The Supreme Court yesterday sided with the Bush administration in a case the government says could have a “substantial effect on the administration of immigration laws,” ruling that a foreign national and legal U.S. resident convicted for car theft can be deported.
In the near-unanimous opinion, the high court overturned a ruling by the 9th U.S. Circuit Court of Appeals in San Francisco, which rejected government arguments that under the 1996 Immigration and Nationality Act (INA), aliens can be deported for a category of aggravated felonies called “theft offenses” for which the punishment is at least one year in prison.
The appeals court had vacated an order by a U.S. immigration judge that the 2002 conviction of Luis Alexander Duenas-Alvarez constituted an aggravated felony and ruled that the Peruvian-born immigrant and legal U.S. resident since 1998 could not be deported.
The high court agreed that a conviction on state charges of car theft rose to the level envisioned by Congress when the INA was passed.
Joining Justice Breyer were Chief Justice John G. Roberts Jr. and Justices Antonin Scalia, Anthony M. Kennedy, David H. Souter, Clarence Thomas, Ruth Bader Ginsburg and Samuel A. Alito Jr. Justice John Paul Stevens sided with his colleagues on three of four issues under debate, but he said the court should withhold comment on the issue of California law until after the appeals court has addressed it.
In 2002, Duenas-Alvarez pleaded guilty to violating the California Vehicle Code, which makes it “illegal to take a vehicle without the owner’s consent or to aid or abet in such a taking.” He was sentenced to three years in prison.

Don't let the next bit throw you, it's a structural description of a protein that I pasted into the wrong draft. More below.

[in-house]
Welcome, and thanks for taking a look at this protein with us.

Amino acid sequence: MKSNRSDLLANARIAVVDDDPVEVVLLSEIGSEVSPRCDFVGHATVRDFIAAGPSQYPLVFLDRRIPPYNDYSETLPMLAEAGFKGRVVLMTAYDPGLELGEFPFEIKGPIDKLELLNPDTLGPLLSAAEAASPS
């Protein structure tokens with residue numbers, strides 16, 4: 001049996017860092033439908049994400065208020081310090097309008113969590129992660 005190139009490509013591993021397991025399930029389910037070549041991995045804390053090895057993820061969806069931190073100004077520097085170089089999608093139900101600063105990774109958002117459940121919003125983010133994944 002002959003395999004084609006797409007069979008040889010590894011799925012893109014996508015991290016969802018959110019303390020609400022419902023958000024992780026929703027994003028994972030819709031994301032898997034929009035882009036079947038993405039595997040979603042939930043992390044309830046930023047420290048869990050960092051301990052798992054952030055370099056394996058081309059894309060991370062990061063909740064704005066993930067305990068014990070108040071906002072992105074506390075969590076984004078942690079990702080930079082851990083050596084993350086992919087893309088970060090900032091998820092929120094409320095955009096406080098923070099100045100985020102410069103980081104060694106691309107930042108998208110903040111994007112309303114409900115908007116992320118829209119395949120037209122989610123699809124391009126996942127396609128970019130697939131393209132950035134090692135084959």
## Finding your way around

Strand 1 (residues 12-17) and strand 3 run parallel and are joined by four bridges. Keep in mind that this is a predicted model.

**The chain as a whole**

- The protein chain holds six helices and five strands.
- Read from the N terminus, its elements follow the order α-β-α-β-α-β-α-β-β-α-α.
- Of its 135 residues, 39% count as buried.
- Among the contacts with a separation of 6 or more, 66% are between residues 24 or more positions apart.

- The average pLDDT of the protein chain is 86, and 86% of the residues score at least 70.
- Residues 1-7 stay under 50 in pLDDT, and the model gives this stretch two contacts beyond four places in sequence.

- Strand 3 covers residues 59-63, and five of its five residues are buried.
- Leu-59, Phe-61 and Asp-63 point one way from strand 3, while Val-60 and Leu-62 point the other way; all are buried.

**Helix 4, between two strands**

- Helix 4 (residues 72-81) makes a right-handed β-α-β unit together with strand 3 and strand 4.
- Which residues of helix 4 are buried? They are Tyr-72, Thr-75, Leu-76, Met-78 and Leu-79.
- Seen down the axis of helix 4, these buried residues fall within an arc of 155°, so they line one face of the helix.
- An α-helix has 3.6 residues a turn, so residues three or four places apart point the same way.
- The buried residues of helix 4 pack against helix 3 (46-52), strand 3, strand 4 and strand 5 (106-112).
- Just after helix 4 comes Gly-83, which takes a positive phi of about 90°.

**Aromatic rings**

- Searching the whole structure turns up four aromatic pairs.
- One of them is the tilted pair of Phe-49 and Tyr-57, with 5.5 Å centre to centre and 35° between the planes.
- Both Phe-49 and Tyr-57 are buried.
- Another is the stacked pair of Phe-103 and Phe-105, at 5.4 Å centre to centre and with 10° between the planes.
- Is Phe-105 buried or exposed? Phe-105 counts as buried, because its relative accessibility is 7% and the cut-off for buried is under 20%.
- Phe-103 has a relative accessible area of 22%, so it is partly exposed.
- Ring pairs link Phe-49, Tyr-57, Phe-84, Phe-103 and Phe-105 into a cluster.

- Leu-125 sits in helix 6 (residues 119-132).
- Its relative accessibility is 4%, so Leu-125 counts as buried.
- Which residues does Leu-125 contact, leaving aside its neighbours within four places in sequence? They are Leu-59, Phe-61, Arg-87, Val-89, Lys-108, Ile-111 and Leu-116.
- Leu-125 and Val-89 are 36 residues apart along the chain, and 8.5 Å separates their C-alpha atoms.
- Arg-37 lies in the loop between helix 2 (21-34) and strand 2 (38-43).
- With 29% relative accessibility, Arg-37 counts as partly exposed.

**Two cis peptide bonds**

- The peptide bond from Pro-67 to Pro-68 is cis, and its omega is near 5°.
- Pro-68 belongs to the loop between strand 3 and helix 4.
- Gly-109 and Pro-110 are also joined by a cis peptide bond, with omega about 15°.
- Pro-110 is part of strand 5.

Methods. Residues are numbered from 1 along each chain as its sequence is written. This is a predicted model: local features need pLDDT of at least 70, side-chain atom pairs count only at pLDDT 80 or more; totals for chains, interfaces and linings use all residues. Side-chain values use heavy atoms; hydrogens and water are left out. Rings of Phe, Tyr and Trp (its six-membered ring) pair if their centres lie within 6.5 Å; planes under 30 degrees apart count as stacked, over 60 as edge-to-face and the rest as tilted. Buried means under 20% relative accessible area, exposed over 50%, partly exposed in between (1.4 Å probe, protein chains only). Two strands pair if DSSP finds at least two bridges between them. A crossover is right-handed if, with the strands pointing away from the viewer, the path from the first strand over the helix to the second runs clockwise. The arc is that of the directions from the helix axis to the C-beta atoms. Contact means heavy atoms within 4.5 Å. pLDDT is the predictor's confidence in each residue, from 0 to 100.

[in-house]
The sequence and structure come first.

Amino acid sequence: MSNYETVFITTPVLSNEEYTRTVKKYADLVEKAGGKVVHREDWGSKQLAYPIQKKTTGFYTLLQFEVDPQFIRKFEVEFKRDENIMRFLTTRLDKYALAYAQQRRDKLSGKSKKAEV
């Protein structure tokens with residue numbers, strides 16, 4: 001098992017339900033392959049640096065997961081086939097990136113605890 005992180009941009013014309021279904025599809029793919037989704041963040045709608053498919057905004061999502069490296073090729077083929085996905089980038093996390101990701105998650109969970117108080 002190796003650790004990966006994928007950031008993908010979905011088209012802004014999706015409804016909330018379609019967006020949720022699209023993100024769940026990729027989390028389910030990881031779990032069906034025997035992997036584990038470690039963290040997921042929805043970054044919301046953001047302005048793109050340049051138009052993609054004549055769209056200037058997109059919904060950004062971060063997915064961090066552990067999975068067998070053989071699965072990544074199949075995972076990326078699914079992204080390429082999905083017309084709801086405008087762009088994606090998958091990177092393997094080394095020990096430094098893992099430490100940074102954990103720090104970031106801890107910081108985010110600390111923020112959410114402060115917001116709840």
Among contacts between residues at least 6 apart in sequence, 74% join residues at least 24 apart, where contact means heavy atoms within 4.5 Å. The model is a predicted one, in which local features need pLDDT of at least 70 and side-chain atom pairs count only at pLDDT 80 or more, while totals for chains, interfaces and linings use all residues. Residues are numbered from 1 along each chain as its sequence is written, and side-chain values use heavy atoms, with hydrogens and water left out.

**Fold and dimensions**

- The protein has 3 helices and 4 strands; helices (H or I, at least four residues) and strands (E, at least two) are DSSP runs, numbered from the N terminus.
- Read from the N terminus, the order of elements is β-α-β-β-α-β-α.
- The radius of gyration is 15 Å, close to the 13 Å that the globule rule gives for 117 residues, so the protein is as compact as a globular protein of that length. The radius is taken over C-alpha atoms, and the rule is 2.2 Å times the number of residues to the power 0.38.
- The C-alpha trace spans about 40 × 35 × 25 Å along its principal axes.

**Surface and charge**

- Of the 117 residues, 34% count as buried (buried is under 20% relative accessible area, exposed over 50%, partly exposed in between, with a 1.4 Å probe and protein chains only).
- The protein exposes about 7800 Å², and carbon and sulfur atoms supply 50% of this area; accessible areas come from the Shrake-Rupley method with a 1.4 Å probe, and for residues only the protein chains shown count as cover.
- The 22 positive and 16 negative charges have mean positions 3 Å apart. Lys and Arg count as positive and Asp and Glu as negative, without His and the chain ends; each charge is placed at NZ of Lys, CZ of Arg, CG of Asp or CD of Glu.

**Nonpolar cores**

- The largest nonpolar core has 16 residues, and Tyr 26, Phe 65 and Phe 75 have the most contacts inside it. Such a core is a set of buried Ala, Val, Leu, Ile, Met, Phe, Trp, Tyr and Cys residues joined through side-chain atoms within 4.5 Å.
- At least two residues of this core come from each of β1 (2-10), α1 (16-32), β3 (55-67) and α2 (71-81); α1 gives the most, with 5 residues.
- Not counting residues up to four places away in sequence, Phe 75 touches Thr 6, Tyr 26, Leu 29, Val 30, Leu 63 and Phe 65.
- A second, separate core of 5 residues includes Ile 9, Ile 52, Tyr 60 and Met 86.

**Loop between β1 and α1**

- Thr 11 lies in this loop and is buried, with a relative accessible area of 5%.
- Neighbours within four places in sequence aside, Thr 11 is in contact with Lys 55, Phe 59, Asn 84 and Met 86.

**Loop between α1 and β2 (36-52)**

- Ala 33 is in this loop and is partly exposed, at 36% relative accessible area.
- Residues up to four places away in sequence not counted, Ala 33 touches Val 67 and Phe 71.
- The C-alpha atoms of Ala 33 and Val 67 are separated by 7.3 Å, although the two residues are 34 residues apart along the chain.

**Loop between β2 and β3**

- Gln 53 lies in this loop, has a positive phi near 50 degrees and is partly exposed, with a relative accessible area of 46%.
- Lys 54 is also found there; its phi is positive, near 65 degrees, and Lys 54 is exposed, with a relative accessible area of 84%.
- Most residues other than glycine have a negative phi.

The Department of Homeland Security sought Duenas-Alvarez’s deportation based on the INA. Theft offenses are one type of crime included in the category of aggravated felonies for which the government can deport aliens.
In February 2004, Homeland Security initiated removal proceedings, and a U.S. immigration judge ruled that the California offense of unlawful driving or taking of a vehicle was a theft offense and ordered Duenas-Alvarez removed to Peru. The Board of Immigration Appeals dismissed Duenas-Alvarez’s appeal.
The 9th Circuit overturned the deportation order, saying that because the California statute allows for convictions based solely on aiding and abetting, conviction under the statute did not necessarily mean Duenas-Alvarez had committed a theft offense.
In court papers, Mr. Clement said a Supreme Court decision on the matter would directly affect an estimated 8,000 immigrants in the 9th Circuit who have been charged with theft offenses.